Tenants’ limited recourse to their landlords has made “offset rights” a major issue in negotiating Subordination, Non-Disturbance and Attornment Agreements (SNDAs).

Tenant offset rights arise when the tenant has the right to deduct from its future rent obligations money the landlord owes the tenant. Tenant offset rights arise two ways. When the landlord fails to pay money it owes the tenant, such as a tenant improvement reimbursement, the tenant may be given an express offset right. If the landlord fails to perform other obligations under the lease, such as maintaining the parking lot, and the tenant performs that obligation at its own expense, the tenant may also be given an express offset right.

SNDAs create a direct contractual relationship between the lender and the tenants of the property that secures a commercial mortgage loan. Both lenders and tenants commonly require SNDAs to spell out their respective rights and responsibilities in the event of a foreclosure.

SNDAs contain three core elements: (i) the subordination of the lease to the Deed of Trust, (ii) an agreement by the lender not to disturb the tenant’s occupancy of the property after a foreclosure, provided the tenant is not in default under its lease, and (iii) an agreement by the tenant to accept, or “attorn” to, the lender or another purchaser at a foreclosure sale as its new landlord under the lease.

In addition to the three core elements, SNDAs also contain many provisions which lenders have traditionally required as a condition to granting non-disturbance rights to tenants. For purposes of this discussion, three common lender requirements are:

  1. The right to receive notices from the tenant of defaults by the landlord under the lease and an opportunity to cure those defaults;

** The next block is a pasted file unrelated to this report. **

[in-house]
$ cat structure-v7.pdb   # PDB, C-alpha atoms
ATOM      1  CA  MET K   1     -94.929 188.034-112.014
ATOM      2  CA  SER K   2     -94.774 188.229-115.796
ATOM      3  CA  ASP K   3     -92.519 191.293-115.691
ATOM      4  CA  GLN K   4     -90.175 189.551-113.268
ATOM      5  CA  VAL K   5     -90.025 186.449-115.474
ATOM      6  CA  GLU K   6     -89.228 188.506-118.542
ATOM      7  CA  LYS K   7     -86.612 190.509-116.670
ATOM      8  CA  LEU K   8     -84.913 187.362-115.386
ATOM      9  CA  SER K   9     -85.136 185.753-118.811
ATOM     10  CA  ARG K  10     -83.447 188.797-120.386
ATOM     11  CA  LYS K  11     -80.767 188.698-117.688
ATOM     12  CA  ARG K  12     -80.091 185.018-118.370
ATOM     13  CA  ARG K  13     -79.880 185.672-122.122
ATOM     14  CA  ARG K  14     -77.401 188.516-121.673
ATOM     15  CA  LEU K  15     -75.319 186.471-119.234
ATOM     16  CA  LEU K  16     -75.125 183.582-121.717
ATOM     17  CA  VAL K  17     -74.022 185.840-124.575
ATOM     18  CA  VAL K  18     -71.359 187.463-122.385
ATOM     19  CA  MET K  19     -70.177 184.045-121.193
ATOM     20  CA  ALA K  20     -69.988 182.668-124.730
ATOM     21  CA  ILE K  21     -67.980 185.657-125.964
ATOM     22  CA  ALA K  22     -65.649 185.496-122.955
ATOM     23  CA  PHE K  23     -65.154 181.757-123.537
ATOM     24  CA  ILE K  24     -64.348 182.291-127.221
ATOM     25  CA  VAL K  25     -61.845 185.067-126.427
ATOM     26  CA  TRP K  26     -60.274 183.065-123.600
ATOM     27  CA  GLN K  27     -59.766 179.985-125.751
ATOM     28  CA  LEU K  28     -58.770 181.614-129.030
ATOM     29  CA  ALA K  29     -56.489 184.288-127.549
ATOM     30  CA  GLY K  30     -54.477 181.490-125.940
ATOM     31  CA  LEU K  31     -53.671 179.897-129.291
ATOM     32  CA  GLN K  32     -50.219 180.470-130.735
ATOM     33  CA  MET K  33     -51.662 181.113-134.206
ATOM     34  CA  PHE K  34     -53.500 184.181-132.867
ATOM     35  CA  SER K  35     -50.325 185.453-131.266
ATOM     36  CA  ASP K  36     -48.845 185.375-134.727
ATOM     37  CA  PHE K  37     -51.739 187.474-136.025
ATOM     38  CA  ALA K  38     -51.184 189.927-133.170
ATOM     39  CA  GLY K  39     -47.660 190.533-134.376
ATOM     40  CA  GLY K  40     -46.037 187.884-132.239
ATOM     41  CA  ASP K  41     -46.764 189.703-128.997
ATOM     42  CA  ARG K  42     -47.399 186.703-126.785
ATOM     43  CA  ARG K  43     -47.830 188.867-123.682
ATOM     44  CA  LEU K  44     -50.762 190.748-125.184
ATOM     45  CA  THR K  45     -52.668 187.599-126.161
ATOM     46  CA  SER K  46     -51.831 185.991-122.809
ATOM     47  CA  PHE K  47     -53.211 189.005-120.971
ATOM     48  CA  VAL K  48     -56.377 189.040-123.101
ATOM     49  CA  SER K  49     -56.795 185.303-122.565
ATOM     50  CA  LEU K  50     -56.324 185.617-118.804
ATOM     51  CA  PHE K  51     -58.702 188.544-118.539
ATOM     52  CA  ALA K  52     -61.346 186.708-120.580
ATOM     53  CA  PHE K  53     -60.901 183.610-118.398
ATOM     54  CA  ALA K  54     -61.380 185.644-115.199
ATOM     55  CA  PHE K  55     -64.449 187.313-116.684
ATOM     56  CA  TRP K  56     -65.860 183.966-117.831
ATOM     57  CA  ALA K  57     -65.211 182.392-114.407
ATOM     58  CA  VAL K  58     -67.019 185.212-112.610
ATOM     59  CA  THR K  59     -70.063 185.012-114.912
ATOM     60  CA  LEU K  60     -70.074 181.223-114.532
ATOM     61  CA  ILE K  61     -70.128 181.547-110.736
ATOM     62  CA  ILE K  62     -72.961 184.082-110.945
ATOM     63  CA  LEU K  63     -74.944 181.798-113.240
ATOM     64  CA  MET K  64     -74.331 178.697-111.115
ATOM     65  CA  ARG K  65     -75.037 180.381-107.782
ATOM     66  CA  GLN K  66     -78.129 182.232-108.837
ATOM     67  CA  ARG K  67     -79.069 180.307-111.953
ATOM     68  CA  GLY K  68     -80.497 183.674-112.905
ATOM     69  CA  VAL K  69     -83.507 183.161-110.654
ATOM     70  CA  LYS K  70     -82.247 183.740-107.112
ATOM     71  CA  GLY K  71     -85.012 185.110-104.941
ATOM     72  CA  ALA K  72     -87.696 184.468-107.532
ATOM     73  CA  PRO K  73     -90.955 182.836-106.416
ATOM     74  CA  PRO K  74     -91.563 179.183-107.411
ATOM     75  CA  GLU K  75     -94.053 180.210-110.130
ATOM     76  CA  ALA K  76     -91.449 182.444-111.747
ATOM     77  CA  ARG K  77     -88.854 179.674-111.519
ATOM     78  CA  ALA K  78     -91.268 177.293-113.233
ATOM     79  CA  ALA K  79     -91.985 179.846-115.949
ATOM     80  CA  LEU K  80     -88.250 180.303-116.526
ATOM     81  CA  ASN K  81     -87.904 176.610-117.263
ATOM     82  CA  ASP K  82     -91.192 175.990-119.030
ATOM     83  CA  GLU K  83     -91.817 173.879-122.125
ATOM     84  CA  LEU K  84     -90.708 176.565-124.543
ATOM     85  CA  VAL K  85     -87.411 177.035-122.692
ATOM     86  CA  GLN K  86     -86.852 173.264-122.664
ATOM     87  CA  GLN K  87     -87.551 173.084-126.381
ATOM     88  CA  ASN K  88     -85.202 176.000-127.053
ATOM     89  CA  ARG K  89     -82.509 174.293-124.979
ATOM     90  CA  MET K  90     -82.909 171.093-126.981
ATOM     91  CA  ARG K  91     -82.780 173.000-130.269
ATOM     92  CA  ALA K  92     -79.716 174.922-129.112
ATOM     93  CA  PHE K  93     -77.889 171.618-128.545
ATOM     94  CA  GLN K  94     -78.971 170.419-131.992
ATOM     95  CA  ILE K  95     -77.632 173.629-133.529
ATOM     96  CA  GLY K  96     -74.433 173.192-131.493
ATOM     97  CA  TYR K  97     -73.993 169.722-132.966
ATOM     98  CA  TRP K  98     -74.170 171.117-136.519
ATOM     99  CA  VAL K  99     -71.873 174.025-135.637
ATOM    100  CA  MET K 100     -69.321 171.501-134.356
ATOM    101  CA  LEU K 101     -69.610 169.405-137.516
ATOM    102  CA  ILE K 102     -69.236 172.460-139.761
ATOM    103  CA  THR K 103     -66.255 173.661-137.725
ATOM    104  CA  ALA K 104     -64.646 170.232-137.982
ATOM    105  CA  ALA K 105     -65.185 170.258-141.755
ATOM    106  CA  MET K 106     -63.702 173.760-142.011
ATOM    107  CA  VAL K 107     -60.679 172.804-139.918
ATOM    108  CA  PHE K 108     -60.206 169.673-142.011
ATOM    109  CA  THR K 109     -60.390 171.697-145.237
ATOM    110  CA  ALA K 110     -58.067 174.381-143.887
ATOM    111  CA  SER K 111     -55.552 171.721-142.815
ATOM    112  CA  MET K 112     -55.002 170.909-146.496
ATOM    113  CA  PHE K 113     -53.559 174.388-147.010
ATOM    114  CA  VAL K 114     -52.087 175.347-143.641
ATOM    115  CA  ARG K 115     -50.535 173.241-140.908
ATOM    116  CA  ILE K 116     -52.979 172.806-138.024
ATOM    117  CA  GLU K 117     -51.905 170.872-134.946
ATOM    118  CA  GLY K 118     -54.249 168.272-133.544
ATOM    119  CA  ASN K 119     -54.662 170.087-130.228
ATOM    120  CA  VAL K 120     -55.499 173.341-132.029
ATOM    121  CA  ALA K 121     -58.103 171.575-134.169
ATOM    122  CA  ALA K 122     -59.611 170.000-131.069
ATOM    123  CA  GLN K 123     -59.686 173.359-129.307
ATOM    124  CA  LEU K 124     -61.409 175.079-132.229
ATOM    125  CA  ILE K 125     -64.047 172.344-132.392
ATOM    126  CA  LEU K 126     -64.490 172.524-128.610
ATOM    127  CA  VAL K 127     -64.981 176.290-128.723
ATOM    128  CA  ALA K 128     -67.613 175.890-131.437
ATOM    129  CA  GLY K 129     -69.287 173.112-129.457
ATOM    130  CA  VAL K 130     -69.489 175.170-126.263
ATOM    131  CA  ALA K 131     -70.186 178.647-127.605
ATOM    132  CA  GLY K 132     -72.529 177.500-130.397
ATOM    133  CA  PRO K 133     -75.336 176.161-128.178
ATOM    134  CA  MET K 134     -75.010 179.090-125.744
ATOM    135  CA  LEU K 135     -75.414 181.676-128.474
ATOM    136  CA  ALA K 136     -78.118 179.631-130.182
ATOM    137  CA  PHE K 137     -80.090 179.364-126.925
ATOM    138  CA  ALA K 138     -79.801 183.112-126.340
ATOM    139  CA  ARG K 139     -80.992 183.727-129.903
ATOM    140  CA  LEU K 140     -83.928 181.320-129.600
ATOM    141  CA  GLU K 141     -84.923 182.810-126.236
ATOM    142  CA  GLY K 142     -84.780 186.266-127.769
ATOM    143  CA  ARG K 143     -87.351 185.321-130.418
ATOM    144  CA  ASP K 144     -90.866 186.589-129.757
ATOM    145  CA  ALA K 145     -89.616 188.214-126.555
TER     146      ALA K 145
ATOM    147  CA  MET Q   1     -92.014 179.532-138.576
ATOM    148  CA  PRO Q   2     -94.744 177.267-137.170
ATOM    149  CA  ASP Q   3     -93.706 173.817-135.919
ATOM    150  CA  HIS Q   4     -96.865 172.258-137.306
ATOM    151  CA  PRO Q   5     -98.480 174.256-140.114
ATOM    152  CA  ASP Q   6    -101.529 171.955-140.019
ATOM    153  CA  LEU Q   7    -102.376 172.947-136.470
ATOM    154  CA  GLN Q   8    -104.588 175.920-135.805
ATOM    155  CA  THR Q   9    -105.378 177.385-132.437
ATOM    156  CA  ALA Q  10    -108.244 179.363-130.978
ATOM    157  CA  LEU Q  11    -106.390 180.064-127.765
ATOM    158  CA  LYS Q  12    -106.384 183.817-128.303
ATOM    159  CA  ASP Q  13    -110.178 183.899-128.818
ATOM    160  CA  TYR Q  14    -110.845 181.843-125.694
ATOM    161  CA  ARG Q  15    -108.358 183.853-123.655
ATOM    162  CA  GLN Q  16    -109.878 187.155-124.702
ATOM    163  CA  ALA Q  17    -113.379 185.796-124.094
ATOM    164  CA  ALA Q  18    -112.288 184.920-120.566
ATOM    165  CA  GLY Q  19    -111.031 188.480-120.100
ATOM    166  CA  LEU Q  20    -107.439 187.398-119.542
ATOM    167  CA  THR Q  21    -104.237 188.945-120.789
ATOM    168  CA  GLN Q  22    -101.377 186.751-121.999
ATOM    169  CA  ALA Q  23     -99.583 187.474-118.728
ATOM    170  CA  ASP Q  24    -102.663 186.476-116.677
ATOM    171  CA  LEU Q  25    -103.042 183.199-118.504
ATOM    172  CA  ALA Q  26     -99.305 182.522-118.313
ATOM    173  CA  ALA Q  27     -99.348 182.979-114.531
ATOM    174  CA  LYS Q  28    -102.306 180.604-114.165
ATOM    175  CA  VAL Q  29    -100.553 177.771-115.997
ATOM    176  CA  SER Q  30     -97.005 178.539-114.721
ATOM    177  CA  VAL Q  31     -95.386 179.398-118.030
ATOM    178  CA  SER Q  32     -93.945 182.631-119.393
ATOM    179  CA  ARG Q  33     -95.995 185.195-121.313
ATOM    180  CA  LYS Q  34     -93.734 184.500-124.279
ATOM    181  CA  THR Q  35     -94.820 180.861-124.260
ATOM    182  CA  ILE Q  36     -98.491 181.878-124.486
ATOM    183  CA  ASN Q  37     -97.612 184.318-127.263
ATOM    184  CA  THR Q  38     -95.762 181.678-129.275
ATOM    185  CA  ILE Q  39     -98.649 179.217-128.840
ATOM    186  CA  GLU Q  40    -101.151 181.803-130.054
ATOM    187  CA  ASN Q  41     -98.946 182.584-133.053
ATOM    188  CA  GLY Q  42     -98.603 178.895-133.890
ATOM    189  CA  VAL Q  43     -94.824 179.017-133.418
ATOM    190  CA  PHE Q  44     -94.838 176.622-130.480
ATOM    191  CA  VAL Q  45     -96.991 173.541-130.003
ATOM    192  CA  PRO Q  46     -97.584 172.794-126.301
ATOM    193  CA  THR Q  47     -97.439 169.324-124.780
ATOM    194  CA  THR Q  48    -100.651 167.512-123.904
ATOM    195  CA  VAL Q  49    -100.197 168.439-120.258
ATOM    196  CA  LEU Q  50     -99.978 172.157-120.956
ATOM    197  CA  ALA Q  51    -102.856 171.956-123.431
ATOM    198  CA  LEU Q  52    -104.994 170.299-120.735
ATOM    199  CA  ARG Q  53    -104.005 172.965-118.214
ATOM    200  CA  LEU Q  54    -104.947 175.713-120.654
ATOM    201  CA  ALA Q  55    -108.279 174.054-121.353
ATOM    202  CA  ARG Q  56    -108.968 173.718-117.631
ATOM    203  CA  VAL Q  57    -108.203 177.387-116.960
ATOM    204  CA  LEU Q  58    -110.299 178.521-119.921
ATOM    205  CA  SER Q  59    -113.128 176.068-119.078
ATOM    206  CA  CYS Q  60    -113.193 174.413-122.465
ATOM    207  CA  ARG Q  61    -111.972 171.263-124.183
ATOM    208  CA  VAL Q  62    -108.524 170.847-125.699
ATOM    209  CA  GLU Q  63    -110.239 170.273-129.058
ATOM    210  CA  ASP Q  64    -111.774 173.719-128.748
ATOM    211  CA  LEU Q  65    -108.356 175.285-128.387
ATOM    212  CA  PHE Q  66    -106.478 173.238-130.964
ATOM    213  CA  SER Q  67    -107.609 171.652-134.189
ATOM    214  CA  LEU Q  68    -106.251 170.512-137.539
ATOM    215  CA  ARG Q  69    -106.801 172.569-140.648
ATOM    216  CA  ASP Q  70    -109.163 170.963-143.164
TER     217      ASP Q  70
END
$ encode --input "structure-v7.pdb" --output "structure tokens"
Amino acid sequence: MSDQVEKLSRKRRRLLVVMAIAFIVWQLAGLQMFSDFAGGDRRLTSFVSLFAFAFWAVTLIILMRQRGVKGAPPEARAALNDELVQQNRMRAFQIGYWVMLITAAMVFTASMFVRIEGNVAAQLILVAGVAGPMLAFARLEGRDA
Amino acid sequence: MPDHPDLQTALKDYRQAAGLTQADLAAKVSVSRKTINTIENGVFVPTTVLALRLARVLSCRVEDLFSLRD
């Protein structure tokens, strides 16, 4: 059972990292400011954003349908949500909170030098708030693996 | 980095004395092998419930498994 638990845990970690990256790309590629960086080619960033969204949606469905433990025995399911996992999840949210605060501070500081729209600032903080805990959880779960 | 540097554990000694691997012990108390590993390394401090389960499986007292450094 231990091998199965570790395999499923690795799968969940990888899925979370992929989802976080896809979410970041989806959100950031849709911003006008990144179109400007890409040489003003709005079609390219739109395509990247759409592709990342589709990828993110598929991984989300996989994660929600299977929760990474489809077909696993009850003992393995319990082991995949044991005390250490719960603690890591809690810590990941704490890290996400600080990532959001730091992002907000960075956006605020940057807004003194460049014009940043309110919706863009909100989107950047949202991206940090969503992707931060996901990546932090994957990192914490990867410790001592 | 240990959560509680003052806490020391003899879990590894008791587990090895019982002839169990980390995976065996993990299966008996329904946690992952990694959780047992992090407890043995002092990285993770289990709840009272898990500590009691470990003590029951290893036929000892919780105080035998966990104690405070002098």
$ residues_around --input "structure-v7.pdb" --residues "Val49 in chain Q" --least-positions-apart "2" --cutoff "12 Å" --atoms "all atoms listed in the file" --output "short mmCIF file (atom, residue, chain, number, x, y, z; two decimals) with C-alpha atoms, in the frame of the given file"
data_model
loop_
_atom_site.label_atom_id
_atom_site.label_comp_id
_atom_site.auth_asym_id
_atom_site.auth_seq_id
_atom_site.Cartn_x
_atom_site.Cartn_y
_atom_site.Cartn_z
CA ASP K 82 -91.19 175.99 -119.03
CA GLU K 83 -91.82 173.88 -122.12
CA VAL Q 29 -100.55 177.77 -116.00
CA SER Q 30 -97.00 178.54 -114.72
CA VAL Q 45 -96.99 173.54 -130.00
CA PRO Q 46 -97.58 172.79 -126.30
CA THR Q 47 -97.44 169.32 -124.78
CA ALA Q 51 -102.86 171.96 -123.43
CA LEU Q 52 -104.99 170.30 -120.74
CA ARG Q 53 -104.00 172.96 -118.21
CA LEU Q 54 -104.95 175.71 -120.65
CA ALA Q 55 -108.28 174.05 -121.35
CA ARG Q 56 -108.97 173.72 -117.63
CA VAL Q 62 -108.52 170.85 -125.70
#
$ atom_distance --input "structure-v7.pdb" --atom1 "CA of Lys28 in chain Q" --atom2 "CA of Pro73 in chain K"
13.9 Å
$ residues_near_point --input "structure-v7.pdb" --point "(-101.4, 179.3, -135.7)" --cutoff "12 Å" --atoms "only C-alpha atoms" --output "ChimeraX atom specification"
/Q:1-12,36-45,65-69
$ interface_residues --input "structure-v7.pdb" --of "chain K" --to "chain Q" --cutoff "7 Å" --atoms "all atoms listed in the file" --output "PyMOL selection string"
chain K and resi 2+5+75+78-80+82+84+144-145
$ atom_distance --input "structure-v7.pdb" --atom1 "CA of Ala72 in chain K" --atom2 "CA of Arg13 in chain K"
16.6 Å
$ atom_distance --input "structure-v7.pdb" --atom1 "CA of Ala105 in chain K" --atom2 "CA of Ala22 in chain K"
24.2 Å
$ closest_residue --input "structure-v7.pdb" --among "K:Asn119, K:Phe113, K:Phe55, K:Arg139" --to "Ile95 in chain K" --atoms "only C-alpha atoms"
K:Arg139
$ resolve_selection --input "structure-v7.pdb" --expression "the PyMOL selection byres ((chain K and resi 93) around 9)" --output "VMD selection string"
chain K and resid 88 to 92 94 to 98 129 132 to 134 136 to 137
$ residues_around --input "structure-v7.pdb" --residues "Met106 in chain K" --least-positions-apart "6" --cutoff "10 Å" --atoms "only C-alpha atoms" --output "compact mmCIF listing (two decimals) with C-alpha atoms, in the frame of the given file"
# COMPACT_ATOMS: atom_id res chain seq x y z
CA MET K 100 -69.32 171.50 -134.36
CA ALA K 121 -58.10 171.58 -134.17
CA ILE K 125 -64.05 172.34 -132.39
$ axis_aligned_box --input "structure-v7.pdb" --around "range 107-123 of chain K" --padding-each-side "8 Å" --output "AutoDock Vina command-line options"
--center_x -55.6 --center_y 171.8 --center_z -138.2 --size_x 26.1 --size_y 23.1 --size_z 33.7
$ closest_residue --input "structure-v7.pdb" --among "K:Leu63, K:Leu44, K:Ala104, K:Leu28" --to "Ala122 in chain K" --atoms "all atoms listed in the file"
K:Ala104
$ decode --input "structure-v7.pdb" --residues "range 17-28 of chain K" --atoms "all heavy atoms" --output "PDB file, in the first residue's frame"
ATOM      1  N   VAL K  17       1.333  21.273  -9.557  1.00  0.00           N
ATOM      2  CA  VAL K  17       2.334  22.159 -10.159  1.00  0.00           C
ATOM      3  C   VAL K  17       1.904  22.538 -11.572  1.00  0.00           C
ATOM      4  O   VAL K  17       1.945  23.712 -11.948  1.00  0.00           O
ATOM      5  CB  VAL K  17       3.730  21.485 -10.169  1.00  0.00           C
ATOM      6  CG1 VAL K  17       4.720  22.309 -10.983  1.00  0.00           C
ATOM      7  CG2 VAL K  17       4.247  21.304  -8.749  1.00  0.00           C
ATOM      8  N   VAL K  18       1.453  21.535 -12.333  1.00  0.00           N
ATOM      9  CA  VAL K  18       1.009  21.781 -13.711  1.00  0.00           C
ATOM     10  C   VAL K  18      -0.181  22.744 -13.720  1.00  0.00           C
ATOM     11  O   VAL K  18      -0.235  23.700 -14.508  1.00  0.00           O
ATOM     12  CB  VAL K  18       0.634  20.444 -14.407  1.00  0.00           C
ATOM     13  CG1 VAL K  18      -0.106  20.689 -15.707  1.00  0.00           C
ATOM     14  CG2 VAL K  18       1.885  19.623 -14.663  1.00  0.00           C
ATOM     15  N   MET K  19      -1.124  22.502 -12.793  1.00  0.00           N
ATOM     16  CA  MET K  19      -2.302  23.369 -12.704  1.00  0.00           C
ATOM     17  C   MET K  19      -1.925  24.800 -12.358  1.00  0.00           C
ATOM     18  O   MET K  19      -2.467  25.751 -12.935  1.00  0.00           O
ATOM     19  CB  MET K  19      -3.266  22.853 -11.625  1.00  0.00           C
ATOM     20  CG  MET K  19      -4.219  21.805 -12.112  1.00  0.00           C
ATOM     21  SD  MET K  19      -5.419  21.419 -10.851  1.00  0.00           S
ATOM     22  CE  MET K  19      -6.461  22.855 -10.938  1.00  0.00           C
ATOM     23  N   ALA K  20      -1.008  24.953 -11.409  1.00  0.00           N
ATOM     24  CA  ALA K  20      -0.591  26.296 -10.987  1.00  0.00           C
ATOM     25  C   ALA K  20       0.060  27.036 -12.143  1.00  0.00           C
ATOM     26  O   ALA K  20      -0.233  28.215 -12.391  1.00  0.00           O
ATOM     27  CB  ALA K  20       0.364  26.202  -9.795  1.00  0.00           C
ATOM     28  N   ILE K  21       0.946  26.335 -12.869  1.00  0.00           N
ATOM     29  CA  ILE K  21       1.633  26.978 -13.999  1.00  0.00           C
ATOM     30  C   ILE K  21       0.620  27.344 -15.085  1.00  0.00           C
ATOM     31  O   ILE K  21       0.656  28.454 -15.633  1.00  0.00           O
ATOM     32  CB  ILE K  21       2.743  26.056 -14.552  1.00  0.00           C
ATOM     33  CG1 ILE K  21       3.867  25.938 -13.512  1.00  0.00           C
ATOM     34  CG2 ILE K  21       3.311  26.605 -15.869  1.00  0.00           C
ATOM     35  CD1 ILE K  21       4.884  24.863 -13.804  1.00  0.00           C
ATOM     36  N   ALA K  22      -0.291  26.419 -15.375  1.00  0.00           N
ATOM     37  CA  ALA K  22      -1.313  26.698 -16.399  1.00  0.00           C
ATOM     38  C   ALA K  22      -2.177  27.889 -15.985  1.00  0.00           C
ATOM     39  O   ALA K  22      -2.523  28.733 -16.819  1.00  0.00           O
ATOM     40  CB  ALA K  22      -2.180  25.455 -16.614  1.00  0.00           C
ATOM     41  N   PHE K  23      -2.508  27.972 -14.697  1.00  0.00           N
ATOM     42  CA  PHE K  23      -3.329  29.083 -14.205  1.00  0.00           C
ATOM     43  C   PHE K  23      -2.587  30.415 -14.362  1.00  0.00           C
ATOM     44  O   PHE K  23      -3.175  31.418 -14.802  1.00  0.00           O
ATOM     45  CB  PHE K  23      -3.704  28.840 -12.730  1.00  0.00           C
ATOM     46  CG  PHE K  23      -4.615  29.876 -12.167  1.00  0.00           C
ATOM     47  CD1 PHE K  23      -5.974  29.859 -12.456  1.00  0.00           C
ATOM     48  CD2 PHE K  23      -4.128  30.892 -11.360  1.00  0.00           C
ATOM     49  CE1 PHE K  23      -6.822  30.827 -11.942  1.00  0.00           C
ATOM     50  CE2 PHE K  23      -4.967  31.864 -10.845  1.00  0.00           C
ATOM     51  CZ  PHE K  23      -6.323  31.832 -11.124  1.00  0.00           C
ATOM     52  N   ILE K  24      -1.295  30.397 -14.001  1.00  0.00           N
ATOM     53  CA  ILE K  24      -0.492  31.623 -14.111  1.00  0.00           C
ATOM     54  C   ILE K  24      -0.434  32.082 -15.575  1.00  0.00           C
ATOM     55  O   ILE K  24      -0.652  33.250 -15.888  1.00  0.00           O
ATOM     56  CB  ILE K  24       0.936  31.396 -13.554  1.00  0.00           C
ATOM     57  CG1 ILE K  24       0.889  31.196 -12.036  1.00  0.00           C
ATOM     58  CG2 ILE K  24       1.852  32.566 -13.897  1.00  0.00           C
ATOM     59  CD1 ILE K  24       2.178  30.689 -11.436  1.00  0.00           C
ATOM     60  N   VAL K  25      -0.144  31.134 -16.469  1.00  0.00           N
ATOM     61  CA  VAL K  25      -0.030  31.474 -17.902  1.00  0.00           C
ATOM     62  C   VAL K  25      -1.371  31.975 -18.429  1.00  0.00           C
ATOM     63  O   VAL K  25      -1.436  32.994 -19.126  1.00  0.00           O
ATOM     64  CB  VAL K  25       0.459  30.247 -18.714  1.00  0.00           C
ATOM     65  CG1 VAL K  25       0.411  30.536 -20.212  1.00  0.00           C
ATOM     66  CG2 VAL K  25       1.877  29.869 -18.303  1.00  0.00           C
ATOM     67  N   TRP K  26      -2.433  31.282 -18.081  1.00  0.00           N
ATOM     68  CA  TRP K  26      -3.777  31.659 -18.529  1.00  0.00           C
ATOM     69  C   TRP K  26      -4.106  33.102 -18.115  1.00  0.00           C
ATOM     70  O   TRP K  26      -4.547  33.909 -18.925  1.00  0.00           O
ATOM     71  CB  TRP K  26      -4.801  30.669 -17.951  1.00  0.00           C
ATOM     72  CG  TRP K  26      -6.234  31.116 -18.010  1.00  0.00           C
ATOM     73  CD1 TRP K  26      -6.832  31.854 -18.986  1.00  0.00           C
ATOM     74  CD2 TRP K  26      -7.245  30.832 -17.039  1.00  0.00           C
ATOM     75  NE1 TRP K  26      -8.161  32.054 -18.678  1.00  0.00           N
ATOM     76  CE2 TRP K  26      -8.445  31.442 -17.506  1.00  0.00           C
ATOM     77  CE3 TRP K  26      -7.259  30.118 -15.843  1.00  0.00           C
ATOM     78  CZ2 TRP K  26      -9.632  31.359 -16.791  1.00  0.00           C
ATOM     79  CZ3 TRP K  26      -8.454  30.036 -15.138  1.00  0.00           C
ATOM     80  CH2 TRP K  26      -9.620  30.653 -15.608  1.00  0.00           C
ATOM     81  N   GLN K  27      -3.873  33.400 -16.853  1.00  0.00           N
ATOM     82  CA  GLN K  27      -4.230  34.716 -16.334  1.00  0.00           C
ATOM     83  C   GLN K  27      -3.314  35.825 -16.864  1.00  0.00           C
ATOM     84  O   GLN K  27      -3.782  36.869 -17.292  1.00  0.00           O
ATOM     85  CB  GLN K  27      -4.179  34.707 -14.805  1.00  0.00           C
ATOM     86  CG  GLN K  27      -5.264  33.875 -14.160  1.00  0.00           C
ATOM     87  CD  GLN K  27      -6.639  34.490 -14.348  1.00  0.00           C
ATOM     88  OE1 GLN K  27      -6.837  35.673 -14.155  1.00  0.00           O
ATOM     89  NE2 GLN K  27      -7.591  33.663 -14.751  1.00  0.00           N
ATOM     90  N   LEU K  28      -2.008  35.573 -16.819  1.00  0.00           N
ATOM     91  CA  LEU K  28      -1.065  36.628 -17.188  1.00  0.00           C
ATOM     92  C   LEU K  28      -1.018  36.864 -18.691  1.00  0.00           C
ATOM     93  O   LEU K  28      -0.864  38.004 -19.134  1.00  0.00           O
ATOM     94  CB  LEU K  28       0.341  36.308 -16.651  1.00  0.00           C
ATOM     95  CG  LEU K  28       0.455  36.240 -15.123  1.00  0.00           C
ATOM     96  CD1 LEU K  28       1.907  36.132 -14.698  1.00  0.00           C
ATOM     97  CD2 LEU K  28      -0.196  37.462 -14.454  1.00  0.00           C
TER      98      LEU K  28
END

2. Limitations on the lender’s liability for acts of the former landlord in the event of foreclosure. Lenders feel strongly that they should not be a guarantor of the former landlord’s obligations and should only be responsible for their own acts after foreclosure; and

  3. As a corollary to the second requirement, a requirement that the lender will not be subject to any offsets or defenses which the tenant might have against a prior landlord under the lease.

Tenant offset rights have grown in importance because landlords are generally single purpose, single asset entities. In addition, many leases limit the landlord’s liability to its interest in the property. Once the Deed of Trust is foreclosed, the landlord has no interest in the property and may have no other assets. As a result, after a foreclosure, the tenant may have no viable claim against a former landlord for its violation of the lease.

Tenants are negotiating express offset rights in their leases to secure repayment, even after foreclosure, of amounts that landlords owe them. Tenants have begun to demand offset rights not only for significant monetary obligations, such as paying a tenant improvement allowance, but for all landlord defaults that may result in the tenant having to perform the landlord’s obligations. Landlords, recognizing that in the worst case scenario they can hand the property over to the lender, may agree to give such broad, express offset rights to the tenant.